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Author Topic: How is light prevented from escaping a black hole?  (Read 2781 times)

Offline Jon Francis

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If gravity is related to mass. Why does a black hole stop light from escaping when it was created from a star with the same mass that had been emitting light previously?


 

Offline Soul Surfer

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How is light prevented from escaping a black hole?
« Reply #1 on: 26/08/2010 00:03:52 »
Because the black hole is so very much smaller and its gravity is so much stronger.    Our sun is around one million miles across.  A black hole with the mass of the sun is around one mile across that is one million times smaller  as the gravity goes up as the inverse square of the distance the gravity of the black hoe at the surface of the black hole is one trillion times as great as the sun.  Note the gravitiational field of the black hole with the mass of the sun is exactly the same as the sun at the distance of the surface of the sun.

Now as light escapes from a gravitiational field it loses energy.  This is not significant for the sun but it is observable for very dense stars like white dwarfs a black hole is defined as the point where light trying to escape has its energy reduced to zero and photons trying to escape  from whatever is inside are turned back on themselves and fall back just like a ball thrown upwards on the earth falls back to the earth
 

Offline Jon Francis

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How is light prevented from escaping a black hole?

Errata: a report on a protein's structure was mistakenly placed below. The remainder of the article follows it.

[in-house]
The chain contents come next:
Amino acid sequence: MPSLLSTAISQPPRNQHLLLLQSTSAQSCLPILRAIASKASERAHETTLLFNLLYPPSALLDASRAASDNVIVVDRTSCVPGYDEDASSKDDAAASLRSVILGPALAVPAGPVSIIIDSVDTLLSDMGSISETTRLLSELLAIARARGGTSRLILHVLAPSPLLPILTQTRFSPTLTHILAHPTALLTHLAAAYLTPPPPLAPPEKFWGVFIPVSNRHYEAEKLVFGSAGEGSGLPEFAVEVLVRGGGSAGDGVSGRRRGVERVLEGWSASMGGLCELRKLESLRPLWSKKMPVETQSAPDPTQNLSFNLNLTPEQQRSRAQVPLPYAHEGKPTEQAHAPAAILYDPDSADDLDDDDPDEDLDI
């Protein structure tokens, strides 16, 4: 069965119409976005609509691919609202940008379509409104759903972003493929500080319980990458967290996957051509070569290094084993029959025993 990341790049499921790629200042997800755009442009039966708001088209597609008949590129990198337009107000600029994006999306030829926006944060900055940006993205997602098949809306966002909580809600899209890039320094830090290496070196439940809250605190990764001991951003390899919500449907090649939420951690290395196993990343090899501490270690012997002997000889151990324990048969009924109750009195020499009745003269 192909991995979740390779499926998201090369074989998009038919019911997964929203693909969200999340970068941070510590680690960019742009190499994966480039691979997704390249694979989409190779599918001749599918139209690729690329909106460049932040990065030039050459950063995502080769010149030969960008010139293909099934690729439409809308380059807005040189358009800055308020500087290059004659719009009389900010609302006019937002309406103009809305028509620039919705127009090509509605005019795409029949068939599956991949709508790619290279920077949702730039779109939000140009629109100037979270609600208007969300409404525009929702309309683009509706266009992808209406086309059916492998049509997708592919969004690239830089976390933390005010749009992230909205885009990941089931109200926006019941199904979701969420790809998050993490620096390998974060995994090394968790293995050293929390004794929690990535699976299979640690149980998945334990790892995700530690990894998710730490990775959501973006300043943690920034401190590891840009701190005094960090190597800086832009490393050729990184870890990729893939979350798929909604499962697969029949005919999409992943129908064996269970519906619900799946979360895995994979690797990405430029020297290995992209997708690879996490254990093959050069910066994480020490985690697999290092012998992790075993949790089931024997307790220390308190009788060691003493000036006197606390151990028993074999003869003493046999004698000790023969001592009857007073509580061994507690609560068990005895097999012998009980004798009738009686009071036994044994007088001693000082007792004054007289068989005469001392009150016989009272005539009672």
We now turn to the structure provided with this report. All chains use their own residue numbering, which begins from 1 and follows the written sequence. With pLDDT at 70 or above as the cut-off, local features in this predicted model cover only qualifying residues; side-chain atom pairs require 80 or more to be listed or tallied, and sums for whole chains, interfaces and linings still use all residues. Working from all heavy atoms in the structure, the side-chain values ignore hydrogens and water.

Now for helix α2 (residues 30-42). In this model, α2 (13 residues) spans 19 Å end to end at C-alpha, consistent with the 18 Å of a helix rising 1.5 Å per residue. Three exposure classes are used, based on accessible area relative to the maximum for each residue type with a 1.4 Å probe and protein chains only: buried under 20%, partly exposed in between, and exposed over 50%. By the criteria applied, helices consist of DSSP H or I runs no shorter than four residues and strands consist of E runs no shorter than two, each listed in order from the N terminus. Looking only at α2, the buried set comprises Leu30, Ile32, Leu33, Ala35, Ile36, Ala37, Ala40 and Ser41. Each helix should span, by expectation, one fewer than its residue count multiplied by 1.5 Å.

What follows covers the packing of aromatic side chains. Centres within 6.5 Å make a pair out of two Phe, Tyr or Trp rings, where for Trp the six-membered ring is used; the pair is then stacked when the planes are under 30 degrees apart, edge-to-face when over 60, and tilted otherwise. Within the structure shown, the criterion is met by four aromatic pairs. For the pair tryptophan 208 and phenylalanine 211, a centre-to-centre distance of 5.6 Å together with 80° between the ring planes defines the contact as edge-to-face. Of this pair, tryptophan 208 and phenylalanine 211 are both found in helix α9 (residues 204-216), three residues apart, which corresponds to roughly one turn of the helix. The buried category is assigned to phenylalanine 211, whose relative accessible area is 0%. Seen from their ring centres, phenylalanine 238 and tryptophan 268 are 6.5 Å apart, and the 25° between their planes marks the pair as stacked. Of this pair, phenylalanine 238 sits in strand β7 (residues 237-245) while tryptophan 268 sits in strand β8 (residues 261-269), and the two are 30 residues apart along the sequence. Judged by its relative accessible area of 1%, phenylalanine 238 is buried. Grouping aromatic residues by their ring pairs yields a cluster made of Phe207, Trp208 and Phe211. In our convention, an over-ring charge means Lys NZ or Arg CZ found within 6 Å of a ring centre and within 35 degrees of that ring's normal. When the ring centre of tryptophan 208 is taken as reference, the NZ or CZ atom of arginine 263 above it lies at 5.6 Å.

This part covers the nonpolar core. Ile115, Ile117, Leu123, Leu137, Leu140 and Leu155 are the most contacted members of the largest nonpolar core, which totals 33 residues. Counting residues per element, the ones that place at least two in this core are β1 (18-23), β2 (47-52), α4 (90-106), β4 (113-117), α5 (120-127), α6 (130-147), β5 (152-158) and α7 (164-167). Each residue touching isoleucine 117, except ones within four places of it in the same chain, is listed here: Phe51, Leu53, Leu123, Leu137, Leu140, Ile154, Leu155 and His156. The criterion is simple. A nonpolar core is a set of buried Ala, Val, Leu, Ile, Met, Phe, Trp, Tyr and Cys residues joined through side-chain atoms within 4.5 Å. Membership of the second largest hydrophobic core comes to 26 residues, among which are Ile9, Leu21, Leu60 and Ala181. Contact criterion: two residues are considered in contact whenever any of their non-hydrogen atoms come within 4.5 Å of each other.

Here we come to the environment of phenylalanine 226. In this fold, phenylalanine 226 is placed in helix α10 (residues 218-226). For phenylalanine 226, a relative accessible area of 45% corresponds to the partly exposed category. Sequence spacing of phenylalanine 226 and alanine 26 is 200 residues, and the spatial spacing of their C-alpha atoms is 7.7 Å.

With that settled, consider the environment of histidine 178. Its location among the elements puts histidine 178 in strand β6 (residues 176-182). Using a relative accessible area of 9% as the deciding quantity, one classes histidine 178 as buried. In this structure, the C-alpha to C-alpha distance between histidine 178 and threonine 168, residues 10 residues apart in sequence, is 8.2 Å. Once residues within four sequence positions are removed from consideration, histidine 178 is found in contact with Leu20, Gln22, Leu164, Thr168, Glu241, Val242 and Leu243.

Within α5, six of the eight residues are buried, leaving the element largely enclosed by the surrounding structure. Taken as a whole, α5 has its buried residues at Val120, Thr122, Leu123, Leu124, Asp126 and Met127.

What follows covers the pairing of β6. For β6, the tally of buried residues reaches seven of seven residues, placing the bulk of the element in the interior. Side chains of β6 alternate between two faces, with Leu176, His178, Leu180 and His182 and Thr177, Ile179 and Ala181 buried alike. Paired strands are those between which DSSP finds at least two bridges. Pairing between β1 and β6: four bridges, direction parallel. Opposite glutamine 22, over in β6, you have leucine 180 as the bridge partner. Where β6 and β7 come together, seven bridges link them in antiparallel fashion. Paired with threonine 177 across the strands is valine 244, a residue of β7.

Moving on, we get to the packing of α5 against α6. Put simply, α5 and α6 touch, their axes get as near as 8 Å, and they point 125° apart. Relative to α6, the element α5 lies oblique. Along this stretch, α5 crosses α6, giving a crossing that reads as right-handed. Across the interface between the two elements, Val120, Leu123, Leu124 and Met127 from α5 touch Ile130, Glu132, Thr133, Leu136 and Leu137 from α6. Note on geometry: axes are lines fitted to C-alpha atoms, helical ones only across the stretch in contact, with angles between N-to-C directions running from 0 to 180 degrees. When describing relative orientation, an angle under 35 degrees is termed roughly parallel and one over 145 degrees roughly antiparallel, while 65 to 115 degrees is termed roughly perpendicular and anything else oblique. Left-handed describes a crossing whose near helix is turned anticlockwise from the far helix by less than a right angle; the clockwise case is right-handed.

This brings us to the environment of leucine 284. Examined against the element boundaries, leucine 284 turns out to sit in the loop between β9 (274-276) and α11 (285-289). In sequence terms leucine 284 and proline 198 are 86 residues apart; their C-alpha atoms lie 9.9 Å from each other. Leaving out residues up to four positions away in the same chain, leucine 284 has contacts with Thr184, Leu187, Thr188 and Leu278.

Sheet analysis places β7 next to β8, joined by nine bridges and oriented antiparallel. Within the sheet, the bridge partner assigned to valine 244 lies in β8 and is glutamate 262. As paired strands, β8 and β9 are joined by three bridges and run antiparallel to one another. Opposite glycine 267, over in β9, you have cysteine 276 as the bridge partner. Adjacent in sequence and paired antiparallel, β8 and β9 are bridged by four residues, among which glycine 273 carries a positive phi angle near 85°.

« Reply #2 on: 26/08/2010 01:22:15 »
I understand that photons have no mass? and that gravity acts on mass. Why are photons affected by gravity?
 

Offline CPT ArkAngel

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How is light prevented from escaping a black hole?
« Reply #3 on: 26/08/2010 03:04:57 »
Because gravity curves space and time...
 

Offline JP

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How is light prevented from escaping a black hole?
« Reply #4 on: 26/08/2010 03:24:16 »
I understand that photons have no mass? and that gravity acts on mass. Why are photons affected by gravity?

Gravity is caused by and acts on both mass and energy.  Photons have energy.
 

Offline Jon Francis

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How is light prevented from escaping a black hole?
« Reply #5 on: 26/08/2010 06:34:13 »
I understand mass and energy are interchangeable? and that the reason photons can travel at light speed is because they are massless?  They do not require infinite energy to achieve light speed?
 

Offline JP

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How is light prevented from escaping a black hole?
« Reply #6 on: 26/08/2010 11:07:22 »